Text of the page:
Oceanographic nowcasts and forecast guidance are scientific predictions about the present and future states of a water body (generally including water levels, currents, water temperature and salinity). These predictions rely on either observed data or forecasts from large-scale numerical models. A nowcast incorporates recent (and often near real-time) observed meteorological, oceanographic, and/or river flow rate data and/or analyzed (e.g. gridded) meteorological and oceanographic products. A nowcast covers the period of time from the recent past (e.g., the past few days) to the present, and it can make predictions for locations where observational data are not available. Forecast guidance incorporates meteorological, oceanographic, and/or river flow rate forecasts and makes predictions about the future states of a water body. A forecast is usually initiated by the state of a nowcast.
The wind data used to run CREOFS are based on the National Weather Service (NWS) nested, high resolution (4 km) North American Mesoscale (NAM) weather prediction model winds (for the nowcast and forecast).
Additionally, CREOFS relies on CO-OPS' real-time water level, temperature and salinity observations, the global operational Real-Time Ocean Forecast System (Global RTOFS) at the National Centers for Environmental Prediction (NCEP), which is based on an eddy resolving 1/12° global HYCOM (HYbrid Coordinate Ocean Model), U.S. Geological Survey (USGS) river data, and a regional tidal model of the northeast Pacific Ocean developed by Dr. Mike Foreman. NWS Extratropical Storm Surge (ETSS) forecasts and the Navy's global operational HYCOM forecasts are used as backup.
The CREOFS grid has 74,061 nodes and 142,684 elements and includes the upper and lower Columbia River and Estuary. Grid resolution ranges from 39 km on the open ocean boundary to approximately 100 m near the coast, indicating the flexibility of the grid size based on bathymetry from the deep ocean to the coast. Additionally, the higher resolution along the navigational channels within the river, from approximately 100 m to 10 m, provides detailed current features. The entire CREOFS grid and spatial extent is indicated at right.
CREOFS output is displayed in five separate subdomains extending from the Upper Columbia River down to the offshore region. The five subdomains are: Upper Columbia River, Middle Columbia River, Lower Columbia River, Columbia River Bar Entrance, and the mouth and offshore region of the Columbia River. Their spatial extent is show in the graphic.
The portion of the CREOFS grid that is available in the five subdomains.
CREOFS runs on NOAA's High Performance Computing System (HPCS) in a new Coastal Ocean Modeling Framework (COMF) developed by CO-OPS. As a result, CREOFS has direct access to NWS operational meteorological products that it needs to run reliably. Nowcast and forecast guidance cycles are run 4 times a day (every 6 hours).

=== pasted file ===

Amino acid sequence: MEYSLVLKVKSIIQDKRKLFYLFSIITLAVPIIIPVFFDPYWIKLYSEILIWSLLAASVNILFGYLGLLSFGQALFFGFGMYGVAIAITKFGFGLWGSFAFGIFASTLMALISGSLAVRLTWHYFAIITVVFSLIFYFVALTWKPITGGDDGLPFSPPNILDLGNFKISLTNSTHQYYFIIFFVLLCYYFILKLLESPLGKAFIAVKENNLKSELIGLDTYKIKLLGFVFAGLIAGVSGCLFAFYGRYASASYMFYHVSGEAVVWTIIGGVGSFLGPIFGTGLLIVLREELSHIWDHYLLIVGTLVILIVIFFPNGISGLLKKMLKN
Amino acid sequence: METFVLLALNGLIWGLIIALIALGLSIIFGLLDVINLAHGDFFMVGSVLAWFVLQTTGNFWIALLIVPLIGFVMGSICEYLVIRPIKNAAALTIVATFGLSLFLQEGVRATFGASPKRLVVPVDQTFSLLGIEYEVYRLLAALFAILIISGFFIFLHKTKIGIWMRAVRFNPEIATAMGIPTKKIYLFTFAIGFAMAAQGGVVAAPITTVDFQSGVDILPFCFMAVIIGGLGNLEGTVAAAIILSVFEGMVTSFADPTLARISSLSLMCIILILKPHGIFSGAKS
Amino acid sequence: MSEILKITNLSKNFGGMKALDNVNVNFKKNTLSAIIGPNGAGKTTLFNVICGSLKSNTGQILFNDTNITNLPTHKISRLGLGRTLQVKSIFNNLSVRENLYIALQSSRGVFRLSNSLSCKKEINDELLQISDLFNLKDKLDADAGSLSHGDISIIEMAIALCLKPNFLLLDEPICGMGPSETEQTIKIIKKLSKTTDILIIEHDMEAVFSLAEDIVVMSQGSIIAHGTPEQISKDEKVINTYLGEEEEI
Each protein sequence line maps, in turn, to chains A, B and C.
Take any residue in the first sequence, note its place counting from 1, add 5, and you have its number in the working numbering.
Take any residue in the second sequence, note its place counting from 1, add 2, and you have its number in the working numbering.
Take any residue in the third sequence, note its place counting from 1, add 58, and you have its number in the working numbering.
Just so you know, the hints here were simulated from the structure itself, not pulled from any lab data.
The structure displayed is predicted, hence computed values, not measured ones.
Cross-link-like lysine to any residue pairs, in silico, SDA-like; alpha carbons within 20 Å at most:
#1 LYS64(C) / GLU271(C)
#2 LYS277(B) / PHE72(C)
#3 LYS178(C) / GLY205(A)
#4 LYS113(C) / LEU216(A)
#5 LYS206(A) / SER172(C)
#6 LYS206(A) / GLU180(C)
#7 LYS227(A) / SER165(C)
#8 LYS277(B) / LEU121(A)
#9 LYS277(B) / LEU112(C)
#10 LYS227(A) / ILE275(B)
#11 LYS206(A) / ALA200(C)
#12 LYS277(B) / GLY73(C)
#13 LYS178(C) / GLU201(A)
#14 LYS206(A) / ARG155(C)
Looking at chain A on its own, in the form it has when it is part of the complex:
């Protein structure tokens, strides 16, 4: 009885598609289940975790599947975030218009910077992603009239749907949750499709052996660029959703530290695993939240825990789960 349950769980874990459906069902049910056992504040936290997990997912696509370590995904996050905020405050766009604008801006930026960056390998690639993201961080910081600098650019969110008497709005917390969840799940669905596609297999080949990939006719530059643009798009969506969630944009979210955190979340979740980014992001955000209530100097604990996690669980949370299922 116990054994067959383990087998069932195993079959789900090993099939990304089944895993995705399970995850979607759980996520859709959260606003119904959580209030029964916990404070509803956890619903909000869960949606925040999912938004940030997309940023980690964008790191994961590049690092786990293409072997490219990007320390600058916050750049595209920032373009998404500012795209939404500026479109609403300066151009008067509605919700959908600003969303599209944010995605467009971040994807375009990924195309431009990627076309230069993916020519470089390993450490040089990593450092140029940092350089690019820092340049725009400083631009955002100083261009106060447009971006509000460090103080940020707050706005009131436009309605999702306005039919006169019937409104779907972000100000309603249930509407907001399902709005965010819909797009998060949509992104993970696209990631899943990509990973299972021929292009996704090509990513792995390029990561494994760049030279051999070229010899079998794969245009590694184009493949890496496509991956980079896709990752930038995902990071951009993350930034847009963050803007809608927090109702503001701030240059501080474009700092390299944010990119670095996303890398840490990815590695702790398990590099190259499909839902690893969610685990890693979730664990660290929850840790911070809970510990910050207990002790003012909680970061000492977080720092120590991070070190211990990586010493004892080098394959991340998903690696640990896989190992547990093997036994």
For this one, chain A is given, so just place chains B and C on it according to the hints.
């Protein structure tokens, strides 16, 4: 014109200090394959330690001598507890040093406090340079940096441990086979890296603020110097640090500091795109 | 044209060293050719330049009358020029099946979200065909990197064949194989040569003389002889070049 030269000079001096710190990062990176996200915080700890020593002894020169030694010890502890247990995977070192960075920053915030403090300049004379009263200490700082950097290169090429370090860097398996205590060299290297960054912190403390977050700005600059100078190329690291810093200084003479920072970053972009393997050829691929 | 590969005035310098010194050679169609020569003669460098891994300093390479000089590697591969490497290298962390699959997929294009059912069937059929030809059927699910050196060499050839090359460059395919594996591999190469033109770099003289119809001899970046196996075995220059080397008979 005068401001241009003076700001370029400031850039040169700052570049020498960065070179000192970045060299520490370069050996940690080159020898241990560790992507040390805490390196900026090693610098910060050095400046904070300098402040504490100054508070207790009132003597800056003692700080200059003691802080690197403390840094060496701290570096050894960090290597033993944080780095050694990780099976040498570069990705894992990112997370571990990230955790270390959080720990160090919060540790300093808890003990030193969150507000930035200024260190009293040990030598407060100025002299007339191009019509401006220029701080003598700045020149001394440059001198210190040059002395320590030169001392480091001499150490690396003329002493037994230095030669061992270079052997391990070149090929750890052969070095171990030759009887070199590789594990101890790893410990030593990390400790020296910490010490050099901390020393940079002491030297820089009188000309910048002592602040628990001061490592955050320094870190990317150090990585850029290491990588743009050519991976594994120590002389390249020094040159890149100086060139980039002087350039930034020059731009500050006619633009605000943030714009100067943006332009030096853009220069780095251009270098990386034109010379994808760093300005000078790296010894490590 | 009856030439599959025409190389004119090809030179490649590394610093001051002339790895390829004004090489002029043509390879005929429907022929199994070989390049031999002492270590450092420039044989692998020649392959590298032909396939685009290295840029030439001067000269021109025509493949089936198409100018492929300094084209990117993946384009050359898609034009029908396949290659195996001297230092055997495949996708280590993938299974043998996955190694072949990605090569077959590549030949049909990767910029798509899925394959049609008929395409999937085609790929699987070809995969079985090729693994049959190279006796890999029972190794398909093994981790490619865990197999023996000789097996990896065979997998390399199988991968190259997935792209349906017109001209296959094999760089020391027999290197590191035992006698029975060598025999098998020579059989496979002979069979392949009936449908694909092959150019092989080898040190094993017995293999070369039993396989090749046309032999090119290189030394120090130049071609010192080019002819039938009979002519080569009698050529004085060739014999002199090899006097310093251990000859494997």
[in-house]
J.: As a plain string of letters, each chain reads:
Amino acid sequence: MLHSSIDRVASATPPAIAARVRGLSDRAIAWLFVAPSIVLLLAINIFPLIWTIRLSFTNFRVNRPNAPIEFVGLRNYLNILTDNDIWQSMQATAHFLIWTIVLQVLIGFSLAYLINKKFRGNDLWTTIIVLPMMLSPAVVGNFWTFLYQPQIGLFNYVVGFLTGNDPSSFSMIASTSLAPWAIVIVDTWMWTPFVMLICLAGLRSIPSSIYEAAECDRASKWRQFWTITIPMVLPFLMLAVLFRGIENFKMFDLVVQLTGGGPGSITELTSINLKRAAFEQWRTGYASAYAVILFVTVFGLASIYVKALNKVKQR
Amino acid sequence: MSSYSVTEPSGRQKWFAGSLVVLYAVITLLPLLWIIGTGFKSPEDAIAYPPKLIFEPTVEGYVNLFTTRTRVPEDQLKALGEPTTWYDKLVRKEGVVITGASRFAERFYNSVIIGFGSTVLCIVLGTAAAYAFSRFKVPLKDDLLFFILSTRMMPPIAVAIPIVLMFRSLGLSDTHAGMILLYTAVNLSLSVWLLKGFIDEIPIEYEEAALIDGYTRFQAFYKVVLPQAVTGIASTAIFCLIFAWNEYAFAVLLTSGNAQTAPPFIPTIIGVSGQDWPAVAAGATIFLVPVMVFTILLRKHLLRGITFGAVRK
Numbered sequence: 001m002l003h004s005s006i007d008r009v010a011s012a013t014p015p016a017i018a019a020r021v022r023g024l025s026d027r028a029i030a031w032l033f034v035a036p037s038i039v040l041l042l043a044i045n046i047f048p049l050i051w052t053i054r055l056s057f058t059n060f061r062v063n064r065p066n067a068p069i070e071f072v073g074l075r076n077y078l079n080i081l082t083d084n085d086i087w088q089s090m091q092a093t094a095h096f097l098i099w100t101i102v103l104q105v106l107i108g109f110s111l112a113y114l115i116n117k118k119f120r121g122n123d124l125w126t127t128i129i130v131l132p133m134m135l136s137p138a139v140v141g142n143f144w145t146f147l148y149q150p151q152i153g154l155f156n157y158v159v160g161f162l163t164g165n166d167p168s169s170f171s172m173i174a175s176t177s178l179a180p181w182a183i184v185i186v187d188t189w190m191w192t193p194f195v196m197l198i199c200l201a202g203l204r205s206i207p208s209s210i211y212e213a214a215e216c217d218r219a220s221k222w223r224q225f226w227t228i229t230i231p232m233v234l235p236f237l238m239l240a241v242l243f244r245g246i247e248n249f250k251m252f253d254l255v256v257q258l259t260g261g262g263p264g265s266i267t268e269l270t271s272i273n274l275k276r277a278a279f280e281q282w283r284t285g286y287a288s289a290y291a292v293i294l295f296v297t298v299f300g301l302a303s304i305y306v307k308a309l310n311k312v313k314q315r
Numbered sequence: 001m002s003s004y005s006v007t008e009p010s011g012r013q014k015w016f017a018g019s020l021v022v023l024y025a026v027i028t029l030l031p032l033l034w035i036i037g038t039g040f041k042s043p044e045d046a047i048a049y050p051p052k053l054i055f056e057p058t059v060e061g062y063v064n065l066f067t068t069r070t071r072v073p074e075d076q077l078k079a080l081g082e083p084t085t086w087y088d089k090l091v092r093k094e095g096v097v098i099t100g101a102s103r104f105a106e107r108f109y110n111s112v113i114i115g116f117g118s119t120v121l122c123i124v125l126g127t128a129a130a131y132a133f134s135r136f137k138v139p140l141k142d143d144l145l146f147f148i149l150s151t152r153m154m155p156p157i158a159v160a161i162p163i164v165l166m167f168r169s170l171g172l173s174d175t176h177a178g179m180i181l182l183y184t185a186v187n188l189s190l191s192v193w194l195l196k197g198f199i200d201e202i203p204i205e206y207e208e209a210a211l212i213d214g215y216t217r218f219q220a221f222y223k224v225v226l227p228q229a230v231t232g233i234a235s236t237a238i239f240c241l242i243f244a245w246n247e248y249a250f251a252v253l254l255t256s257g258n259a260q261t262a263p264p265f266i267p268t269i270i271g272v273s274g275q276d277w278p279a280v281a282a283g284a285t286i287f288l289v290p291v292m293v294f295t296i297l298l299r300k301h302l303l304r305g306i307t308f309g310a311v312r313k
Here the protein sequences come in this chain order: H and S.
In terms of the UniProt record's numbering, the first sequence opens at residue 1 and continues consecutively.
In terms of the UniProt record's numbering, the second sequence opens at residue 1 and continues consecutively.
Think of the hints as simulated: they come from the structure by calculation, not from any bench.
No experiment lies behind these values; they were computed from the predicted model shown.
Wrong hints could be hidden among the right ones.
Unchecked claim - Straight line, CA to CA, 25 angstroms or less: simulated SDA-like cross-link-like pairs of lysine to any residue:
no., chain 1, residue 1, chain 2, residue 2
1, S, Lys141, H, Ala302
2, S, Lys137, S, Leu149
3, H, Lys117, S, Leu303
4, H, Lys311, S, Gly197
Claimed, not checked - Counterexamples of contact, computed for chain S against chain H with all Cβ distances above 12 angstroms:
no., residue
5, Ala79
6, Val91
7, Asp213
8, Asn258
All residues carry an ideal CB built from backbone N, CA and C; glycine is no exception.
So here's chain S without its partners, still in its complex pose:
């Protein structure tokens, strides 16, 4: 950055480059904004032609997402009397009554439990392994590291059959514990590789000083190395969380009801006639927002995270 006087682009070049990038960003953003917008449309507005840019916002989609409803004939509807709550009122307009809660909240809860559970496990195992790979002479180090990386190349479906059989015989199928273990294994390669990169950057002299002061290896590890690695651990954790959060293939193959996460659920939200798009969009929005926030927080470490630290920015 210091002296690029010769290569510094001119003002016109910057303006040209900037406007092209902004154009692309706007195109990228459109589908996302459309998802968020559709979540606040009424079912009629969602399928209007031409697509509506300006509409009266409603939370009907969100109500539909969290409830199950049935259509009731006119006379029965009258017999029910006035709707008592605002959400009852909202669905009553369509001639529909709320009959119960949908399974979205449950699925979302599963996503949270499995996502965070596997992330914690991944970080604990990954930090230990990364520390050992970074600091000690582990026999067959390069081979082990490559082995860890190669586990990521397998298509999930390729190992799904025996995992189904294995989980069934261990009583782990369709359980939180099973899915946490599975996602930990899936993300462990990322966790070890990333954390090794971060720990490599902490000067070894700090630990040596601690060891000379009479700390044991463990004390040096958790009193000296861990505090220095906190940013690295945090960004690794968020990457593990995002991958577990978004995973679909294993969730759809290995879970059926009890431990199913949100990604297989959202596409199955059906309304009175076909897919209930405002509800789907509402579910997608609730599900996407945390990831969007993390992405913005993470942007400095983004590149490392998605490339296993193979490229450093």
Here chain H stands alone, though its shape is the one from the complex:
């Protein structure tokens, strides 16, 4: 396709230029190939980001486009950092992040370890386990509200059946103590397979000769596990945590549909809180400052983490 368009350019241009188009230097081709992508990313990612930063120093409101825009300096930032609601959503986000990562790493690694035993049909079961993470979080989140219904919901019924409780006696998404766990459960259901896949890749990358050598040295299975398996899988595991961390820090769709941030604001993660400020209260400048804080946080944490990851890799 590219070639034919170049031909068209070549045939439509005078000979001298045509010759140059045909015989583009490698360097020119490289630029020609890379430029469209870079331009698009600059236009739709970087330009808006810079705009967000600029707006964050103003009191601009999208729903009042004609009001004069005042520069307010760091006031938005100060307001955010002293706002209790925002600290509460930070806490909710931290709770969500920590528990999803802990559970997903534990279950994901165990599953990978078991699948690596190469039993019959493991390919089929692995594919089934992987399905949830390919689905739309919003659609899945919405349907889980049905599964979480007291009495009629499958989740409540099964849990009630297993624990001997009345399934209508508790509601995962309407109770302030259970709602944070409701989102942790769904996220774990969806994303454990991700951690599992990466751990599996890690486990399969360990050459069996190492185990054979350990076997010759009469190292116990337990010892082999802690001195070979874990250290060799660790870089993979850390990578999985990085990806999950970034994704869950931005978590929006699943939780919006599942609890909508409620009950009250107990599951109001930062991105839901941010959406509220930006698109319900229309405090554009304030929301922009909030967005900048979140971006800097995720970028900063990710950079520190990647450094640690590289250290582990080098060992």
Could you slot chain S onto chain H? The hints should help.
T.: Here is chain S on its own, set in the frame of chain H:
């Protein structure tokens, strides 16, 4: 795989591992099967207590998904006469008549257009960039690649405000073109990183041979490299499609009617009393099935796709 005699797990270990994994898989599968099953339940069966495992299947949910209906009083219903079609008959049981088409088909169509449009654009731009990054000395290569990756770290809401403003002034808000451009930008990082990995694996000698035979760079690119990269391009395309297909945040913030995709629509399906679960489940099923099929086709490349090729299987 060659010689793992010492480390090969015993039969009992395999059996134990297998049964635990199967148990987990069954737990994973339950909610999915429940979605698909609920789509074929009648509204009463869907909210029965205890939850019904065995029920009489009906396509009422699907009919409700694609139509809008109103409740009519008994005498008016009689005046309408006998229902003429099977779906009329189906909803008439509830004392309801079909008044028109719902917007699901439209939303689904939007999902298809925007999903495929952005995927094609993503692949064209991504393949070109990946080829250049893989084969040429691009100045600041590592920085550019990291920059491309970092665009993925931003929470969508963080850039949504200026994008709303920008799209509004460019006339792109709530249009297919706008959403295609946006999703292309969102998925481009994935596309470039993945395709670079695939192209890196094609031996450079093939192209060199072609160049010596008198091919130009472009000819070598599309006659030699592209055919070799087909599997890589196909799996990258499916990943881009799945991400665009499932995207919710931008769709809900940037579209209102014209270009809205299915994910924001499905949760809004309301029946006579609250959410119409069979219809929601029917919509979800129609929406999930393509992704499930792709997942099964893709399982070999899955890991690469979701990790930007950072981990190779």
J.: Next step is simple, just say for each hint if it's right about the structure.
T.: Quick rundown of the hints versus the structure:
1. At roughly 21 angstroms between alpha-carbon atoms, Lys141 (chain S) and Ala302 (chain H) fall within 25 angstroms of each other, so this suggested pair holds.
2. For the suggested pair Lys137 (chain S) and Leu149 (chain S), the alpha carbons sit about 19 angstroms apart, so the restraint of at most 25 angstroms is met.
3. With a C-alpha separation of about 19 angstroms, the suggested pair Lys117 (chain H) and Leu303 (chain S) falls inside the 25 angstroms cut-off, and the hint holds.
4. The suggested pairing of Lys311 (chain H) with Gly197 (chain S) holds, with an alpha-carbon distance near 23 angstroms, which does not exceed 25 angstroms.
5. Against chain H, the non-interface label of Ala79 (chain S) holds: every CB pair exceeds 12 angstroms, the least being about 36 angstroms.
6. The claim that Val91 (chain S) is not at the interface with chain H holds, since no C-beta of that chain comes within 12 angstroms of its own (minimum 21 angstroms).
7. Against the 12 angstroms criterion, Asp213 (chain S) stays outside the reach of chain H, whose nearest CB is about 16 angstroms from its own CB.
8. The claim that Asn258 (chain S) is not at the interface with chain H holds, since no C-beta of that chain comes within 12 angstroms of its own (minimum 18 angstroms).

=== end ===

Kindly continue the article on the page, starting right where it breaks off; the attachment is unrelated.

CREOFS output is in NetCDF format. An archive of CREOFS NetCDF nowcast and forecast files can be accessed from THREDDS server.
All CO-OPS official real-time products, including nowcast and forecast guidance from CREOFS are monitored by the CO-OPS's Continuous Operational Real-Time Monitoring System (CORMS). CORMS provides 24 hour per day, 7 day per week monitoring and quality control of sensors and data in order to ensure the availability, accuracy, and quality of tide, water level, current, and other marine environmental information. CORMS is intended to identify invalid and erroneous data and information before application of the data by real-time and near real-time users.
Columbia River Datum (CDR): Established as a non-tidal, defined gradient datum that was developed from an observational study by U.S. Army Corps of Engineers (USACE), Portland District in 1912 (R.E. Hickson, 1912). The USACE installed water level gauges and established low water levels at numerous points along the Columbia River that are the foundation of the present day Columbia River Datum (CRD). CRD is an adopted low water reference plane that runs from Harrington Point at River Mile 23 to Bonneville Dam at River Mile 145. It also extends up the Willamette River at the confluence with the Columbia River to Willamette Falls in Oregon City at Willamette River Mile 27. The CRD reference zero was set at gauge locations such that the datum was below the average low water, but not as low as the lowest record for a long period which resulted from a combination of circumstances that seldom occur. Historically CRD was defined relative to the National Geodetic Vertical Datum of 1929 (NGVD 29) at distinct river miles with linear interpolation applied between defined locations. CRD is now defined at distinct river miles relative to North American Vertical Datum of 1988 (NAVD88).
For tidal datums purposes on the upper Columbia River, tidal datums (e.g. MLLW, MHW) are computed using observations the low river stages of the year, generally August through October. This time period constraint is due to the masking of the tidal signal from strong seasonal river runoff during other portions of the year (Stolz et al, 2005).
Hickson, R.E. 1912. A Report on the Establishment of River Gauges on Lower Columbia River & Willamette Rivers. Army Corps of Engineers. As submitted to Major J.F. Indoc
Stolz A., C. Martin, and C. Wong, 2005. Vertical Control in a Tidally Influenced Complex River System With a Fixed Low Water Datum, THSOA HYDRO005, Paper 09.1, NOAA/NOS Center for Operational Oceanographic Products and Services.